What should I look out for a critical illness insurance plan? What do you recommend? - Seedly

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Asked by Anonymous

Asked on 08 May 2019

What should I look out for a critical illness insurance plan? What do you recommend?

Which critical illness plan should i get? What should i look out for in a critical illness policy? Advice on endowment policy too. Kindly assist. Worked for a year and wanna get insurance plans.

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Hey Anon, awesome stuff looking to get yourself covered so soon after working. :)

The first 2 things to consider are, how much coverage should you have and for how long.

The rule of thumb is to get 5 X your annual income as income protection in the event of Critical Illness. So if you're making 50k a year, you should get covered for 250k in the event of CI.

Next is for how long. My recommendation would be to have CI cover for life.

There's a big chance that we'll get sick before we die. During this time we'll need income for treatment and recovery.

We'll either get money from insurance or draw from our assets, which may or may not be enough at that time.

Now, there are a few more things to consider. Here's where it gets a little more in depth.

There are early stage, late stage, and multiple claims policies.

Today, medical technology allows us to detect illnesses early, treat us early, and allows us to recover from illnesses that used to kill us almost always.

We'll survive more often but that means that these illnesses may haunt us again later in life.

So a comprehensive plan will have elements of all of the above benefits.

Now, all insurers will have their versions of CI plans. If you'd like a comparison of the best policies available, you may want to speak to an Independent Financial Advisor rep like myself.

I distribute for 7+ insurers and can give you a good look at all of them. But before that you may want to also read this https://www.businesstimes.com.sg/opinion/navigating-critical-illness-plans?amp.

Drop me a message if you'd like to get a closer look. :) all the best.

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Question Poster

08 May 2019

I added u on fb idk how to drop u a message here
Hariz Arthur Maloy
Hariz Arthur Maloy

08 May 2019

I just accepted a friend request, not sure if it was you. Could you drop me a message on fb messenger as well? :)
Brandan Chen
Brandan Chen, Financial Planner at Manulife Singapore
Level 6. Master
Answered on 08 May 2019

I am an Advisor with Manulife, but due to MAS regulations, we arent allowed to provide any recommendations online without having a full understanding of your profile.

However, I can break down the basics for you via this comment.

Firstly, we should first understand how much coverage we require for both Early CI and Late CI. Typically, we would suggest a coverage of about 5x of your annual income for coverage. For Early stage, typically about 1 - 2 x of your annual income.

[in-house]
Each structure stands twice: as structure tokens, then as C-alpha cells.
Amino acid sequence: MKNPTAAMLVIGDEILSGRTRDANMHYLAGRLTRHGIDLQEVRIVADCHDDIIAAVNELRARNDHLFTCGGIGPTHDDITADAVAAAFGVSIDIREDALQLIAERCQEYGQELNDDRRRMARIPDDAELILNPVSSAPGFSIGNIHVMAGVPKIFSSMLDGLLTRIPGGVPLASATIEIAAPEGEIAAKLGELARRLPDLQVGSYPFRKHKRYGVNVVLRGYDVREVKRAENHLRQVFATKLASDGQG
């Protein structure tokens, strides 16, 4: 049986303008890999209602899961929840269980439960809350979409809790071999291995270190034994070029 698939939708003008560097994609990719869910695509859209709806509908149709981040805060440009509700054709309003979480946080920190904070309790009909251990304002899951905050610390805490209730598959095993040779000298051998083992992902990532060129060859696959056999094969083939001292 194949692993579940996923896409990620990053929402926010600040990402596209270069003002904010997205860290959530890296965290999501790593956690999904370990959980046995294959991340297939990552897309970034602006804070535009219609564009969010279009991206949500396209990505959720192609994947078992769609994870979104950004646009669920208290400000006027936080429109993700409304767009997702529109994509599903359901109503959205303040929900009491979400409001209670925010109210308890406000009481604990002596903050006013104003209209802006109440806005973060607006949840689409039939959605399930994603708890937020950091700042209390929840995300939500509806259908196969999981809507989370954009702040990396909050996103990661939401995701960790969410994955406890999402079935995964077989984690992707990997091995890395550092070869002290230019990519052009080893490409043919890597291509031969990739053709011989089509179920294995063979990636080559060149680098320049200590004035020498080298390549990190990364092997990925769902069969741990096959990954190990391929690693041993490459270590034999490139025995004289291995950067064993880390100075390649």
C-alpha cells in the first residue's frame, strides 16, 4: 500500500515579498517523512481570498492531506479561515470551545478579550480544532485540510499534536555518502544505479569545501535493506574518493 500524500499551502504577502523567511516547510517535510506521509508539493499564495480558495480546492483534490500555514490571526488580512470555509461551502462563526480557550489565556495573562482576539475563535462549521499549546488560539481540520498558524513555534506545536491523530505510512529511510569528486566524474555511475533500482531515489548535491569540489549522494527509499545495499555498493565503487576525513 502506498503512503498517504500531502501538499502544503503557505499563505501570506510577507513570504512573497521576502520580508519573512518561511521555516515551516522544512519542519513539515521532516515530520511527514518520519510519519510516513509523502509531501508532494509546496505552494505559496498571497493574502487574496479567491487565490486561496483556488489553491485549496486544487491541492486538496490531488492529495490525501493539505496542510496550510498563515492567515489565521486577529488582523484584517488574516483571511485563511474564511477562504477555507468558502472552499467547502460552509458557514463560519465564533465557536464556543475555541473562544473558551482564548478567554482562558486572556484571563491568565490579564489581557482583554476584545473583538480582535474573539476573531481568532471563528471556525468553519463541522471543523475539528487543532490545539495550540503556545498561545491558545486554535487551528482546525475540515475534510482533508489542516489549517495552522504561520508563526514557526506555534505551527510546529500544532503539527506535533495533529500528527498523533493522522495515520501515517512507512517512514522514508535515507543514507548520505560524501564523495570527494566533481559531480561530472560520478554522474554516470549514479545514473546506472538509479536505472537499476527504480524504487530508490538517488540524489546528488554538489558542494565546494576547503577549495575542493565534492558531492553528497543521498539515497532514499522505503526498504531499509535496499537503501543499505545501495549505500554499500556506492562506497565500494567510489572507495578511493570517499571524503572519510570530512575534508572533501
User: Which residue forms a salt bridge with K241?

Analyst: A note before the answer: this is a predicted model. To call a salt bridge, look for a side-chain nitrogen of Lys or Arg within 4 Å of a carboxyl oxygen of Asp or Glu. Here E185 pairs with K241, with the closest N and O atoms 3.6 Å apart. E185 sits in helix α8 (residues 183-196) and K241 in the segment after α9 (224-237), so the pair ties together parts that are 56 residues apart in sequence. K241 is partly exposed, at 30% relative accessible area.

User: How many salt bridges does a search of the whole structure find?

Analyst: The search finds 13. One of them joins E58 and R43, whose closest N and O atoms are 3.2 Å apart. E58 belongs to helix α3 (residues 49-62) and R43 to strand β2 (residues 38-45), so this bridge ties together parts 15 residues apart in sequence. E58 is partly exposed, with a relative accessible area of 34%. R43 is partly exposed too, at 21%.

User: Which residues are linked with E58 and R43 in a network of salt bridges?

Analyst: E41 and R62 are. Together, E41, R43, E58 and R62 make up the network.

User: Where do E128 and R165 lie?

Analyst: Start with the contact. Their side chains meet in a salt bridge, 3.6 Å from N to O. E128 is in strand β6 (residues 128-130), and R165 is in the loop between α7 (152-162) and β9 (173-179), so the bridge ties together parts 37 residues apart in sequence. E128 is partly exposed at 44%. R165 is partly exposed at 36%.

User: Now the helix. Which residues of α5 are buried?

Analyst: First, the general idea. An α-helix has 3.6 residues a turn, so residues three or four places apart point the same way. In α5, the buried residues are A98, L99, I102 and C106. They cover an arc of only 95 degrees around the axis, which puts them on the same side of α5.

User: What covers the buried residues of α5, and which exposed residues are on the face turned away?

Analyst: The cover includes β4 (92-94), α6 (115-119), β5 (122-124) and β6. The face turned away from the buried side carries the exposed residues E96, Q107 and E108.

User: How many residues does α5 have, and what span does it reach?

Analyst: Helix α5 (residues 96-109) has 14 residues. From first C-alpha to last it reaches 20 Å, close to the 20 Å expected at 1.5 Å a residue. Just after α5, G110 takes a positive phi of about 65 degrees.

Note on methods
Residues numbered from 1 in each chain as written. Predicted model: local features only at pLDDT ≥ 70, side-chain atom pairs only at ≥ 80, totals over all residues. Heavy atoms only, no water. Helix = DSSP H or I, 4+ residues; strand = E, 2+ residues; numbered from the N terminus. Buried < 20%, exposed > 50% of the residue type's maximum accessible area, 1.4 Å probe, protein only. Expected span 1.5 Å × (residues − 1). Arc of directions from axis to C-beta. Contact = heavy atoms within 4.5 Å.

Secondly, what are the options available. There are typicall 3 options for you to take up. Whole Life Plan with ECI & CI rider, Term Plan with CI Rider, Multi-claim CI plans which is a term plan that only covers CI but allows for one to claim multiple times.

Thirdly, What is your overall budget? My suggestion is that you should NOT spend more than 10% of your income on all your insurance including your health insurance and Personal accident insurance if any.

Things to look out for:

1) No of conditions that are covered. For Manulife, we cover a total of 106 conditions, which is one of the more comprehensive CI plans in the market

2) Fine print on the definition of the conditions

3) For Multi-Claim CI, it would be good to take a look at the structure from the various insurers. Some insurers provide 0 waiting period for their ECI claims but do not allow you to claim from the same category of CI again, whereas some may have a waiting period of 1 year for multiple claims but yet do not restrict you in the category of CIs.

In conclusion for Critical Illness plans, you may either get a combination of Whole Life and Term, or a Multi-claim CI plan depending on your budget and preference!

As for endowment policies, there are typically 2 types, those with flexibility and those without. More often than not, the endowment plans with flexibility tend to generate lower returns as compared to those without flexibility.

More importantly, before deciding on an endowment plan, do understand your current risk profile and your savings/investment objective. There are plenty of options for you to grow your money. You should definitely speak to a financial advisor to find out more!

Lastly, feel free to connect with me via my email at [email protected] if you would like to have a further (non-obligatory) discussion on your personal financial planning.

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Eric Chia
Eric Chia, Senior Financial Consultant at Prudential
Level 4. Prodigy
Answered on 13 Jun 2019

Hello, just providing some suggestions here in addition to what the rest have written.

For your critical illnesses, 1) do you want to stay covered even after one claim? 2) would you prefer to pay as you cover or pay premiums during your working years and stay covered after retirement?

For your savings needs, 1) are you a disciplined saver? 2) how much of a risk taker are you in savings and investments. Are you comfortable with having short term losses in your capital to exchange long term gains? 3) targets! How much you want to accumulate by when? Having no target is also ok, but you need to be aware that you have no target.

We can discuss more if you feel that these questions help!

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